Kading is neither a journalist nor a conspiracy theorist. A retired L.A.P.D. detective, he was in charge of the special task force that investigated Christopher Wallace’s murder between 2006 and 2009. After Biggie’s mother Voletta Wallace filed suit against the City of Los Angeles and the L.A.P.D.—seeking hundreds of millions of dollars in damages—the department was highly motivated to solve the case. That’s when Kading got the assignment.
After his efforts led to two sworn confessions from people who said they played a part in the killings of Wallace and Shakur, Kading was suddenly pulled off the case. At the time, he was under investigation by L.A.P.D. Internal Affairs for allegedly making false statements on an affidavit in a separate case. However, in the end, Internal Affairs cleared Kading of any wrongdoing. Around the same time, the Wallace family’s lawsuit was dismissed.
When the 22-year veteran saw the case he built being shelved, he became so frustrated that he quit the force—but not before making copies of his evidence so that he could put all his findings into a book. His conclusions are controversial to be sure, but they are so thoroughly researched that they’re hard to ignore.
Complex caught up with Kading to talk about the results of his investigation, why no arrests have ever been made, and why he believes these cases will never be officially solved.
As told to Rob Kenner (@boomshots)
On Biggie’s Murder
“Suge Knight was absolutely enraged. Not only had he been shot at, but his friend [TupacShakur] was killed next to him in the car. Suge always knew who was responsible. He looked directly into the eyes of Keefe D, who was in the shooter’s car. Keefe D was a member of the SouthsideCrips and a well known person to Suge. That explains why the next day this huge war broke out in Compton between Suge Knight’s gang entourage and Keefe D’s gang entourage.
“Suge Knight ended up going to jail on a probation violation, stemming from the beating of Orlando Anderson [Ed. Note—Anderson is Keefe D’s nephew, also a SouthsideCrip who allegedly shot Tupac.] in the MGM Grand hotel. While Suge was in jail, he conspired with his girlfriend. Suge gave her the directive to get Poochie.
Poochie lay in wait outside the Petersen Automotive Museum. As soon as he became aware of where Biggie was sitting in his car, he drove up, and he shot him.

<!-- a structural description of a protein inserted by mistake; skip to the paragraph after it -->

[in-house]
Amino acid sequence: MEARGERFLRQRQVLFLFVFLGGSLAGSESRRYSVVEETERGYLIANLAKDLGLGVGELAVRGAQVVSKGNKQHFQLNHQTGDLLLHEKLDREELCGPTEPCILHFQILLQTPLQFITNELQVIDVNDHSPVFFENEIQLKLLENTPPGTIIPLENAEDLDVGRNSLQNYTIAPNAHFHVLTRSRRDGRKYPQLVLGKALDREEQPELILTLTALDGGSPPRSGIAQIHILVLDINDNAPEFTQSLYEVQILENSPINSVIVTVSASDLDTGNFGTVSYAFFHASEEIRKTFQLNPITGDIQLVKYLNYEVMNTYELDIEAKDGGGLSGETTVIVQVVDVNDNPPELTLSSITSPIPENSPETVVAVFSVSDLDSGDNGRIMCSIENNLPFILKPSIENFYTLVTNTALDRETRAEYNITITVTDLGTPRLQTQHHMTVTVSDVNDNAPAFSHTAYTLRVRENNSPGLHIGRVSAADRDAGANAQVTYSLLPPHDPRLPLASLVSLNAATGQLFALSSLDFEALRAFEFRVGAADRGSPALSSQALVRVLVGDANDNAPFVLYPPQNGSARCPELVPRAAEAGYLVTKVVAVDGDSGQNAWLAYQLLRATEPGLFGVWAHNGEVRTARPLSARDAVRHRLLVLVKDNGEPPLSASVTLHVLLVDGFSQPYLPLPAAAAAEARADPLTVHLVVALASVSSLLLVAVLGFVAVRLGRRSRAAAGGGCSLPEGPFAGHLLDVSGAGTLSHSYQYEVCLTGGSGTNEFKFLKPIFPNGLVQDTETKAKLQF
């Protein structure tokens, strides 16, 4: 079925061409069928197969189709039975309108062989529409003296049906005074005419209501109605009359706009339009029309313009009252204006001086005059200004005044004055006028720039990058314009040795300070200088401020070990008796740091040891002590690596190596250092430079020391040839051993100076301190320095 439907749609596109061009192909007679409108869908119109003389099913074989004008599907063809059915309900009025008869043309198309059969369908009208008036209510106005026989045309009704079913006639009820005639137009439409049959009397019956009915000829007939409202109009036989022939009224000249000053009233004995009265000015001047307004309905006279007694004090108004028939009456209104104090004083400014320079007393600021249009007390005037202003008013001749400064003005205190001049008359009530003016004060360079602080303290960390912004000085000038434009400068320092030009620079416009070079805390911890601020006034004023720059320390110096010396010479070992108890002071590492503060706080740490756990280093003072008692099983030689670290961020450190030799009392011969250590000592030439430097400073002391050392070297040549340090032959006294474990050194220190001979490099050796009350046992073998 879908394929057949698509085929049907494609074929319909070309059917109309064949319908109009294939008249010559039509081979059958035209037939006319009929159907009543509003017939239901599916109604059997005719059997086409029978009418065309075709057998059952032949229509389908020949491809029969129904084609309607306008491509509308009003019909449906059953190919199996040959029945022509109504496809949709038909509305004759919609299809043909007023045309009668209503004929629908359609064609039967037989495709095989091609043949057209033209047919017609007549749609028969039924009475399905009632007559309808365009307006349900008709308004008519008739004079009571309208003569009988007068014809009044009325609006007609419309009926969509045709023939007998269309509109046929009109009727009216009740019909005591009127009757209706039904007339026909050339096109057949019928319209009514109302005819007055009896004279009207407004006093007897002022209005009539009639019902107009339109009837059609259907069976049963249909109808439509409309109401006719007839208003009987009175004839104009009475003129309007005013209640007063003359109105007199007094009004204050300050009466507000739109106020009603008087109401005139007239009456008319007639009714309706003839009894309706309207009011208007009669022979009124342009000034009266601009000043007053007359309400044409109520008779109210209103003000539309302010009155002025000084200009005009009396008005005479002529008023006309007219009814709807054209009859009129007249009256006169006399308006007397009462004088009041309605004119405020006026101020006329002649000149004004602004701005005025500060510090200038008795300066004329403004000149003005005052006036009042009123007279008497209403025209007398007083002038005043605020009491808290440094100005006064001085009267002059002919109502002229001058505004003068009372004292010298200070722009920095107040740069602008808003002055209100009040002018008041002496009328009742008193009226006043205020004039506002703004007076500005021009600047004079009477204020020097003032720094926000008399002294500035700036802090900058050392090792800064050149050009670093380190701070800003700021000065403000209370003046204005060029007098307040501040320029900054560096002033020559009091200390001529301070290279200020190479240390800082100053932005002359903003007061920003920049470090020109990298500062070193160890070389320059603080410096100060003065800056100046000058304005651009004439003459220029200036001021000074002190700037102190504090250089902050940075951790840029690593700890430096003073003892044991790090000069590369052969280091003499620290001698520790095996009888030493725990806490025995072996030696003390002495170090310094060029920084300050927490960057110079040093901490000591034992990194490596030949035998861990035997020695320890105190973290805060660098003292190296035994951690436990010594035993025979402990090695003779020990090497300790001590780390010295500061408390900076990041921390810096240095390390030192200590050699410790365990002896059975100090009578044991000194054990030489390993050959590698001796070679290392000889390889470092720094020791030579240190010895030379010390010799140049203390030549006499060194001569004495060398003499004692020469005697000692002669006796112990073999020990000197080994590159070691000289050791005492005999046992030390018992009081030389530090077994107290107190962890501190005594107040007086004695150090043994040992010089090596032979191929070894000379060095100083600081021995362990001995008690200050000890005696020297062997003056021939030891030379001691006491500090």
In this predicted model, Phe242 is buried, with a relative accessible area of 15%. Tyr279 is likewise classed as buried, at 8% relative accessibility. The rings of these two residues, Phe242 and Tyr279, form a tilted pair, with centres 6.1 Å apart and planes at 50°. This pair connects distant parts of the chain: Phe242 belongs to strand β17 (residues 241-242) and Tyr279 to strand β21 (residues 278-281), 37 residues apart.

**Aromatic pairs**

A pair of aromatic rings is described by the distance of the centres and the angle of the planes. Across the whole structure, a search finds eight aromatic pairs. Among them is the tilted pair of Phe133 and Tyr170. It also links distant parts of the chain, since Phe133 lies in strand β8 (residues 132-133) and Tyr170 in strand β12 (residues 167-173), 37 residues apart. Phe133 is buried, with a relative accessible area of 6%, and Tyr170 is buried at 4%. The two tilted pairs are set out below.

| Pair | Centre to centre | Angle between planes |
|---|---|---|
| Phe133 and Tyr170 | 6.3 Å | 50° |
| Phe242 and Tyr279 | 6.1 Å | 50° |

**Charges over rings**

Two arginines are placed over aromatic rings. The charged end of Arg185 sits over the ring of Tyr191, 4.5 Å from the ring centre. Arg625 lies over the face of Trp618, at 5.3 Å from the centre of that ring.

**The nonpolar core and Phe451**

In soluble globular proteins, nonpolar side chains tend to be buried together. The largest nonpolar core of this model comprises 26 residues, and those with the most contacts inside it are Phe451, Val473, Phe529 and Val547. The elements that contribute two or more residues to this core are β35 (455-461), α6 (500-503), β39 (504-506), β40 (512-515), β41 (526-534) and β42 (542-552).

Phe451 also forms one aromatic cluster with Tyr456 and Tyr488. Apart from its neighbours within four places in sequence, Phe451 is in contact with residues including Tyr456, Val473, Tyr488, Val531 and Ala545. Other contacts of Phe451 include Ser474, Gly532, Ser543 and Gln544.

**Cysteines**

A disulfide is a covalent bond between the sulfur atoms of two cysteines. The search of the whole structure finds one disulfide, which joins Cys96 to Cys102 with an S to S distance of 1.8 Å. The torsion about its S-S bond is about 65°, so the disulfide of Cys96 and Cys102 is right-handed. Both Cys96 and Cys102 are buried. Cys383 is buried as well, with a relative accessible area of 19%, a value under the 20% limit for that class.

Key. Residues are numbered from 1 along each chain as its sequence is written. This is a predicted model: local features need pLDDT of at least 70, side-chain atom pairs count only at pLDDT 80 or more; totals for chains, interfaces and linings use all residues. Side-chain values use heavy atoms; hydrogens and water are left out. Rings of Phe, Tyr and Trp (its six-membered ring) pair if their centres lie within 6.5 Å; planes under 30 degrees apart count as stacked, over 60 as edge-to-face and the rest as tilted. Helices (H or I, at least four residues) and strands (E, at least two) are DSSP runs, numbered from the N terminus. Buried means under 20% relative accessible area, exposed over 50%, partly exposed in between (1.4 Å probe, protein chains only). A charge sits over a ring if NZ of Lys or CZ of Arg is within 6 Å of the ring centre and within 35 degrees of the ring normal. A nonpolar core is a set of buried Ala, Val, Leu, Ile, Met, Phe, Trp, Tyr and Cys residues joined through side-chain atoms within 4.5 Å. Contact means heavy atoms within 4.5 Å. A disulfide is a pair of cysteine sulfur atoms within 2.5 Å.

“Wardell ‘Poochie’ Fouse was paid to kill Biggie. At the time, he was a 36-year old member of the Mob Piru Bloods. According to several Death Row insiders and FBI informants, Poochie was a down-for-the-cause, hardcore gang member. Confidential sources from the Death Row entourage, the Mob Pirus, and [Suge’s girlfriend, identified in Kading's book by the alias 'Theresa Swann'], said Poochie had done shootings for Suge in the past. Reggie Wright Jr.—who was the head of Death Row security—said Suge and Poochie’s relationship was different than other members of the gang. They had a very secretive and exclusive relationship.
“[Suge’s girlfriend] and Poochie agreed to terms. He received two payments, one for $9000 and one for $4000. Poochie lay in wait outside the Petersen Automotive Museum. As soon as he became aware of where Biggie was sitting in his car, he drove up and he shot him.”
On Whether The Cases Will Ever Be Solved
“It comes down to how you define solved. Both law enforcement agencies—the Las Vegas Police Department and the L.A.P.D.—have drawn the conclusions that Tupac was killed by Orlando Anderson and Biggie Smalls was killed by Wardell ‘Poochie’ Fouse.
“Those are the facts within law enforcement. They’re considered solved internally, but the public’s definition of solved is different. They haven’t gone through the judicial process and nobody has been prosecuted.
“Both shooters are dead. Orlando Anderson was killed outside a Compton record shop in May 1998. Poochie died in July 2003 as a result of multiple gunshot wounds. He was shot in the back while riding his motorcycle in Compton. He was supposedly killed as a result of in-fighting between the Mob Pirus—Suge’s Blood associates—and another Blood gang known as the Fruit Town Pirus.
Both shooters are dead..That’s all the justice that these cases will see.
“That’s all the justice that these cases will see. The co-conspirators are never going to be prosecuted. Unfortunately, the cases are so complicated and convoluted. These will never see criminal prosecution.
“The co-conspirators are absolutely known and I say that with conviction. I worked directly on these cases for years and know exactly where they stand within law enforcement. They would be very problematic prosecutions because of all of the convoluted peripheral issues that were raised during the investigation.